Astronomers have detected what they are calling the strong burst of radio waves observed in space since all the way back in 2007.
An incredible strong fast radio burst from deep in outer space, the strongest recorded since 2007, has stunned scientists who are trying to figure out the cause. FRBs refer to radio waves that flash from some distsnace point in space for just a few milliseconds, and they can contain as much energy as 500 million suns.
They are so mysterious because they are impossible to predict, or trace to an individual source. They happen without warning and last for just a few milliseconds. These lastest bursts were detected by the Parkes radio telescope in Australia, once on March 1, again on March 9, and a third time on March 11.
The strongest was the one on March 9, which hit 411 on the signal to noise ratio. As comparison, the previous ratio record was 90, and many FRBs are less than 20. Scientists don’t know much about FRBs or what causes them, although they speculate incredibly powerful events like the collision of black holes or neutron stars might cause them.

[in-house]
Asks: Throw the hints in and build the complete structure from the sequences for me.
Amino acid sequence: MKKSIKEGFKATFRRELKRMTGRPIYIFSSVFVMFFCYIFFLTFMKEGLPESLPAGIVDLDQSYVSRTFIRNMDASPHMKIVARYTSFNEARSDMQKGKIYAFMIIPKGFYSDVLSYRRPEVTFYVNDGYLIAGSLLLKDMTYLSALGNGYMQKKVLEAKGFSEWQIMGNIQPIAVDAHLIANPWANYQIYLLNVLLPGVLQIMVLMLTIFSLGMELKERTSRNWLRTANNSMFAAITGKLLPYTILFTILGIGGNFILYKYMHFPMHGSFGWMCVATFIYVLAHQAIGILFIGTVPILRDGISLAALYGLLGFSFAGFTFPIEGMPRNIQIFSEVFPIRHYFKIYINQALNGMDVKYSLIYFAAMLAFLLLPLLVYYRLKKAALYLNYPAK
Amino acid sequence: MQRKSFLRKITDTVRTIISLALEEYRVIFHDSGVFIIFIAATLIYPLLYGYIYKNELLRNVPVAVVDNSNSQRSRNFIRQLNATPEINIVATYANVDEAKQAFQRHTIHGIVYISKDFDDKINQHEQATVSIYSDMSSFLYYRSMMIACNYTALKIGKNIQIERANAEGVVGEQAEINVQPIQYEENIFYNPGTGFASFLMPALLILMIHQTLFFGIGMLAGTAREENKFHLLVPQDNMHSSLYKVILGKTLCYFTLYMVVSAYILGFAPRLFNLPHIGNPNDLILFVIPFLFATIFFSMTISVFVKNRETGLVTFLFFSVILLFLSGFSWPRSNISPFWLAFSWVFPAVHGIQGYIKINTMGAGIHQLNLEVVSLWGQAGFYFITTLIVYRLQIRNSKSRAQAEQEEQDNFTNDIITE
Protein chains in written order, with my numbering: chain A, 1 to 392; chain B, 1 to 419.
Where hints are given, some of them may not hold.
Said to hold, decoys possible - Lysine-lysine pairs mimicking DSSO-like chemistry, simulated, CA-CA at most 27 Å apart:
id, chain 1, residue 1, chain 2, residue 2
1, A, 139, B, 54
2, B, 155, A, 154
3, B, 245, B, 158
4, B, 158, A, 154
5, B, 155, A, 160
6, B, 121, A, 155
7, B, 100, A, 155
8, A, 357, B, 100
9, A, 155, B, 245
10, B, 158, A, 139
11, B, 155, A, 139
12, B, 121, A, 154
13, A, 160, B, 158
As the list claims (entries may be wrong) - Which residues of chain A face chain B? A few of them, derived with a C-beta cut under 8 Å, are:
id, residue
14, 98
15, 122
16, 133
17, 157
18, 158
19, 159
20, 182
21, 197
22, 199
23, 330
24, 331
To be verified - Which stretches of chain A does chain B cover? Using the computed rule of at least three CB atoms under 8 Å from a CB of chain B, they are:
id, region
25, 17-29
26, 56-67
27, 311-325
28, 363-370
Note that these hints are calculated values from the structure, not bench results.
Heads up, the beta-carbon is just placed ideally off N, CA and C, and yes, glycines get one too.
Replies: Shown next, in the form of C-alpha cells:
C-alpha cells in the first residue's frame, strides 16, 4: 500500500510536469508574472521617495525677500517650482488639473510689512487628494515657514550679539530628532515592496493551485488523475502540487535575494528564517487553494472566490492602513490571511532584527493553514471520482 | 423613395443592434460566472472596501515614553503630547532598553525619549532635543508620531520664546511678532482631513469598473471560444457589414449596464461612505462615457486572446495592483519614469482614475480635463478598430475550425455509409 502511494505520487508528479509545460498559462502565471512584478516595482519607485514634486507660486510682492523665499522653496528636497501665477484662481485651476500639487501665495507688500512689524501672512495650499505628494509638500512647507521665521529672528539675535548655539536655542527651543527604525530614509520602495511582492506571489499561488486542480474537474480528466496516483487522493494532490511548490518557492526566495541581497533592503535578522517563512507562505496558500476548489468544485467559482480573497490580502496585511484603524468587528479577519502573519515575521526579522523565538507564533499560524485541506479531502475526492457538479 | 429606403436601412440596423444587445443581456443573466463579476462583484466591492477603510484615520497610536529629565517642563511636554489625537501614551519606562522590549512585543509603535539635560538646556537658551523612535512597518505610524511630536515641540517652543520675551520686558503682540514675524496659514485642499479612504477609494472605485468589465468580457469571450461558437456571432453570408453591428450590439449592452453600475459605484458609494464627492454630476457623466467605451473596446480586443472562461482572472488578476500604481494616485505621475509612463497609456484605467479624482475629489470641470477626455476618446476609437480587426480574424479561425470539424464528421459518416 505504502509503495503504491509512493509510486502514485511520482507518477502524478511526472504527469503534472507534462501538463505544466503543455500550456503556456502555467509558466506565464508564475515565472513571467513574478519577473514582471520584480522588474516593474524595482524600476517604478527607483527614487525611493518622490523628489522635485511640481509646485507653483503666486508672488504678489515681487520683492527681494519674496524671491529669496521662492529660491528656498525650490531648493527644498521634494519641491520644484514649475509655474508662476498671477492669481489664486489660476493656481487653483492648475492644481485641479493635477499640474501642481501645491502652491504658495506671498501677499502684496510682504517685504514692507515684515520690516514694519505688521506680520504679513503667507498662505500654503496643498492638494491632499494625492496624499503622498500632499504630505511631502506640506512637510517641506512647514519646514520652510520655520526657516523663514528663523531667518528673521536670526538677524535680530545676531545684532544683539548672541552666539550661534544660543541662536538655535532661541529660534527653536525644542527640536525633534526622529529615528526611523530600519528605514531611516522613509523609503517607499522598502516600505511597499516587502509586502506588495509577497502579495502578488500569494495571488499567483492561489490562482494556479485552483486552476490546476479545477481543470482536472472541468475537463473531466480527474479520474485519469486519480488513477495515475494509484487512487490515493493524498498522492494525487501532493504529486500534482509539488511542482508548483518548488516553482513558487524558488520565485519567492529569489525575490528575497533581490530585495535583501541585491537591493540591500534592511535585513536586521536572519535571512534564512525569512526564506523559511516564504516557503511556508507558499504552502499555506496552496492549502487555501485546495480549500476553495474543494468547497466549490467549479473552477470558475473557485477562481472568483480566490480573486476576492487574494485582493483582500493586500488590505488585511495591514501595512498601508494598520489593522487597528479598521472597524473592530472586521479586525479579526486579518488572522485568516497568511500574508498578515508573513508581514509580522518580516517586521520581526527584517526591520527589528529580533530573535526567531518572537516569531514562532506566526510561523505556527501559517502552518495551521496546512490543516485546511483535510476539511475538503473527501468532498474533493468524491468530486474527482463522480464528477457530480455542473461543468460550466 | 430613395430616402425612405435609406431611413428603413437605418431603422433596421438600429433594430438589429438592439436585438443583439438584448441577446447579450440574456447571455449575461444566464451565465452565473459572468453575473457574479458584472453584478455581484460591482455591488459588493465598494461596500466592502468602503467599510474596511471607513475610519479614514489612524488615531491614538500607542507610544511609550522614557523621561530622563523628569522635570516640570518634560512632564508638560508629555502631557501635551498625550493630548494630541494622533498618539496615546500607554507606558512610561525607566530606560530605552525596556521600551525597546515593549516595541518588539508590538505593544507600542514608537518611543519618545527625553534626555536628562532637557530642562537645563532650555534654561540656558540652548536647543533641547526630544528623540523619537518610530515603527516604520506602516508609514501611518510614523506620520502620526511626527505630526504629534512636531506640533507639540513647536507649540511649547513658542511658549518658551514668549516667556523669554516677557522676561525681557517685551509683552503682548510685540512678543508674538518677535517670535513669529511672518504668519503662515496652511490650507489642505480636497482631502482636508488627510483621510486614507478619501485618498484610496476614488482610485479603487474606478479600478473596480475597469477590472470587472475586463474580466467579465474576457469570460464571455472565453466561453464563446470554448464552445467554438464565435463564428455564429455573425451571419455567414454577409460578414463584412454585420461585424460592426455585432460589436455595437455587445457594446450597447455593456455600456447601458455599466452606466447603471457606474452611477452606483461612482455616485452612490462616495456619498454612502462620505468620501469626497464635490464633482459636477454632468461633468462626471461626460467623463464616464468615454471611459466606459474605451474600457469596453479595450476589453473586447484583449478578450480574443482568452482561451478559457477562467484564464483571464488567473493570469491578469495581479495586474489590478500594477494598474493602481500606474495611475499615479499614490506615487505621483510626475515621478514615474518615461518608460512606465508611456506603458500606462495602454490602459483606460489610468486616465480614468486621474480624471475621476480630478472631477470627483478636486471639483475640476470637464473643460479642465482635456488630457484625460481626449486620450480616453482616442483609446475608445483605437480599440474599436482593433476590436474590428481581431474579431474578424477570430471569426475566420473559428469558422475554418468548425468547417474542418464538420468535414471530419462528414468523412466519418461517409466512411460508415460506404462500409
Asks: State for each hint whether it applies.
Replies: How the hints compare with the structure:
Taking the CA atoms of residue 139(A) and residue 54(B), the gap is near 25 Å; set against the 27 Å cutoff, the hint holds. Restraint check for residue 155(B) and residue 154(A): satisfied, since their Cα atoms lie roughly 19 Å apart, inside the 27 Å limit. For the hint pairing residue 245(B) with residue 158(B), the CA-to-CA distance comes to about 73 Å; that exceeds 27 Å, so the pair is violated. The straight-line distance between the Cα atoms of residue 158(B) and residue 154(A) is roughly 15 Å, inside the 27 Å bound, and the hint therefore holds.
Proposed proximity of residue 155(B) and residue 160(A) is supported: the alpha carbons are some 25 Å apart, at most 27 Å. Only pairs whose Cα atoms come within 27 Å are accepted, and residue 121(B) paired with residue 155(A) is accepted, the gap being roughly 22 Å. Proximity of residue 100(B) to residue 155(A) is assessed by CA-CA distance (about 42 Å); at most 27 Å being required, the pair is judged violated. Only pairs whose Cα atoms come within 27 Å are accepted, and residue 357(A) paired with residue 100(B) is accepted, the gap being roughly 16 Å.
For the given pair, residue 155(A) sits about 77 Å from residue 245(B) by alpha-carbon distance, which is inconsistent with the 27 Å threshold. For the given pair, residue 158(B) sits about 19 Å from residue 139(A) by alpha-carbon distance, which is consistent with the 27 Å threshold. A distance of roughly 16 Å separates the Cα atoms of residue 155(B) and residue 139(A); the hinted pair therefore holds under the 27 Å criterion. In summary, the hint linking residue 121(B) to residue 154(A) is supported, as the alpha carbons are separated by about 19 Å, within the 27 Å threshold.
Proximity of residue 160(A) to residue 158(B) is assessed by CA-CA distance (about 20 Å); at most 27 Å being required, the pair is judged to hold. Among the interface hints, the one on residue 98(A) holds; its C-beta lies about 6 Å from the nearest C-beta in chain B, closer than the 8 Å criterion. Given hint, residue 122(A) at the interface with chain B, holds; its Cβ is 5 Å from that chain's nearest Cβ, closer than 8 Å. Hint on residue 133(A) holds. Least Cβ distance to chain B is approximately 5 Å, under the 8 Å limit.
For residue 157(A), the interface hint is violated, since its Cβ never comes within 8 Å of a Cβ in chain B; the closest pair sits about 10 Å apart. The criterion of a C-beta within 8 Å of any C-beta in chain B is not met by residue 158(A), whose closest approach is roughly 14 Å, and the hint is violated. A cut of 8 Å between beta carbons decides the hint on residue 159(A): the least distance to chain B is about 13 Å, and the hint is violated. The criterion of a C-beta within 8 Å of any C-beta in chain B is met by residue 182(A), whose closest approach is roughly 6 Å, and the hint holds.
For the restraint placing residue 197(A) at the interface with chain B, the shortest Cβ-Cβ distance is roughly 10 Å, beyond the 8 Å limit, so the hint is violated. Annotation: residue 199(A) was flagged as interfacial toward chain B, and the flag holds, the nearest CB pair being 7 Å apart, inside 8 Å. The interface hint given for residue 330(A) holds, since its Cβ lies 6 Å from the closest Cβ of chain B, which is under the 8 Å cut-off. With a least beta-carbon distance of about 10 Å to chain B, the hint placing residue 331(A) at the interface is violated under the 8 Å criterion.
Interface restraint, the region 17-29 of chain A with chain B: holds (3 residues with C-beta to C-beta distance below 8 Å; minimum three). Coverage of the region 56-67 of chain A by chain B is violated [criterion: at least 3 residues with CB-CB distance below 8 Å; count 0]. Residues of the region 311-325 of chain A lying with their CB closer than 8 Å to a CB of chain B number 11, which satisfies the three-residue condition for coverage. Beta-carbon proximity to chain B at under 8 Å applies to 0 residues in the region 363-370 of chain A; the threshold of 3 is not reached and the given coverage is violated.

“In radio astronomy, a fast radio burst (FRB) is a high-energy astrophysical phenomenon of unknown origin manifested as a transient radio pulse lasting only a few milliseconds,” states a Wikipedia excerpt. “The first FRB was discovered by Duncan Lorimer and his student David Narkevic in 2007 when they were looking through archival pulsar survey data, and it is therefore commonly referred to as Lorimer Burst. Many FRBs have since been found, including a repeating FRB.
“When the FRBs are polarized, it indicates that they are emitted from a source contained within an extremely powerful magnetic field. The origin of the FRBs has yet to be determined; proposals for its origin range from a rapidly rotating neutron star and a black hole to extraterrestrial intelligence.”
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